Stalker (1979/1982) *
Because I apparently do not know when to quit, I decided to follow up my screening of Solaris/Solyaris by watching Stalker, another three-hour misery marathon from Solaris director Andrei Tarkovsky. I probably should have spent the time sticking pins in my eyes instead— I’d have gotten more out of the experience.
Again, Tarkovsky has begun with a premise that could have yielded a compelling cerebral sci-fi film, but with Stalker, he has indulged even more profligately in purposeless philosophizing, and the result is something close to completely unwatchable. For example, you might expect a three-hour movie (okay, so I guess it’s closer to two hours and 45 minutes, but that’s enough like three hours for me) to require an exceedingly long review— you can fit a damn lot of plot into that much time, after all. But as you can see, this is not the case, for the simple reason that between minute number 45 and minute number 140, there is absolutely no story to comment upon! That is to say, Tarkovsky has devoted the equivalent of an ordinary movie’s complete running time— credits and all— to directionless introspection on the parts of his characters. Any director who will so wantonly waste an hour and a half is no friend of mine, let me tell you.
The idea here is that, in the not-too-distant future, some sort of celestial object— a meteorite, an alien spacecraft, something completely unimaginable, who knows?— has landed in the countryside of what I take to be East Germany. The authorities reacted immediately, surrounding the general vicinity with a cordon of police roadblocks and barbed-wire fences before sending in the army to deal with anything living that might have arrived with the thing from space. Nobody heard word one from any of those soldiers again. However, rumors soon started circulating to the effect that, somewhere in the Zone (as the blocked-off region around the crash site has come to be called) is a place where some mysterious force grants the most heartfelt wishes of those with courage (or desperation) enough to find it. Before long, a veritable underground industry cropped up in which men and women who lived near the Zone would sell their services as guides, leading small groups past the roadblocks and barbed wire— and through the more subtle dangers of the Zone itself— to the mysterious Room, where dreams can come true. These guides are the Stalkers.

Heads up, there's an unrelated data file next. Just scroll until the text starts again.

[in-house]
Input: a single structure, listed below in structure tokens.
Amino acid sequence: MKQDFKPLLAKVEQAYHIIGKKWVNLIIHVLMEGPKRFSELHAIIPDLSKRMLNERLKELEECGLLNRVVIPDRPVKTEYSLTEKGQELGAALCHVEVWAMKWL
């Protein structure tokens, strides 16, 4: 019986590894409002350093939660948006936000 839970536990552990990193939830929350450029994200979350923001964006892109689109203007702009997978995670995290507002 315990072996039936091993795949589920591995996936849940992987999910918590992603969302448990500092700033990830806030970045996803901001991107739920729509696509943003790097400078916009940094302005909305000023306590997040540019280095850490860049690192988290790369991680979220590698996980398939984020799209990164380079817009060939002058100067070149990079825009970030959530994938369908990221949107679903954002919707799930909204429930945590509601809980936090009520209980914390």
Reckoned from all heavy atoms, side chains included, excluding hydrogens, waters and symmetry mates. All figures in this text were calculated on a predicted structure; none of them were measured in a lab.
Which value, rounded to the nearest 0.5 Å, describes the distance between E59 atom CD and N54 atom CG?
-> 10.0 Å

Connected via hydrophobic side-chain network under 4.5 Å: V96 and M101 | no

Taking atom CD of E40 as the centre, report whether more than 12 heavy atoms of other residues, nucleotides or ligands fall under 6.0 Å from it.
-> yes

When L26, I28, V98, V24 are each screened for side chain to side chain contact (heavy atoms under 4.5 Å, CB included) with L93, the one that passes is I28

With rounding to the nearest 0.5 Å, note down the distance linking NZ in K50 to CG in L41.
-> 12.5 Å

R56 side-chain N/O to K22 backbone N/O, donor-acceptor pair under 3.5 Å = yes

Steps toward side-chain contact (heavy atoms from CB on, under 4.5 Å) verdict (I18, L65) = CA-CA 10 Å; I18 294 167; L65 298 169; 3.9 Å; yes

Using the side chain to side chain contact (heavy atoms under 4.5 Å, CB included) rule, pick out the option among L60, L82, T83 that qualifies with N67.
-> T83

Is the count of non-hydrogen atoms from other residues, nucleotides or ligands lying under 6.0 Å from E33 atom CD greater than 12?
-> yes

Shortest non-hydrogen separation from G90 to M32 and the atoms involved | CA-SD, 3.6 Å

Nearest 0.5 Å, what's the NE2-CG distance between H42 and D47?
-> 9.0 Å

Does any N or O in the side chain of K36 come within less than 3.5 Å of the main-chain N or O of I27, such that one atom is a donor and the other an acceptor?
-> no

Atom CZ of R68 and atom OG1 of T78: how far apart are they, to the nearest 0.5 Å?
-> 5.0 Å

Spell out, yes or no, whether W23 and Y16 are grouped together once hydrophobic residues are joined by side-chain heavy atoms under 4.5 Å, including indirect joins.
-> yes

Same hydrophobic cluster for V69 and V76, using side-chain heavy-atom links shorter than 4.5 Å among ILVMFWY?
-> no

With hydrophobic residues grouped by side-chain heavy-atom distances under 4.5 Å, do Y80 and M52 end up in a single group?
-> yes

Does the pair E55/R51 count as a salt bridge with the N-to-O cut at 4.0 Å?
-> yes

The Stalker with whom well shall concern ourselves (Aleksandr Kazhdanovsky) lives in a crumbling city just miles from the Zone with his wife (Alisa Freyndlich, from The Secret of the Iron Door) and daughter. Mrs. Stalker would rather her husband get himself a real job; not only is what he does illegal (he’s already been sent to prison a couple of times), it is well known that Stalkers don’t always come back from their expeditions, and that even those who do may eventually be undone by the strain of frequent exposure to the wonders and terrors of the Zone. Indeed, the couple’s daughter has already paid a heavy price for her father’s activities, in that she was born legless, mute, and telekinetic due to the havoc the Zone has already wreaked on the man’s chromosomes. Nevertheless, our Stalker is on his way out the door when we meet him, headed for a rendezvous with a scientist (Nikolai Grinko, whom Tarkovsky had directed before in Solaris) and a writer (Anatoli Solonitsyn, another Solaris graduate) who want to be taken into the Zone.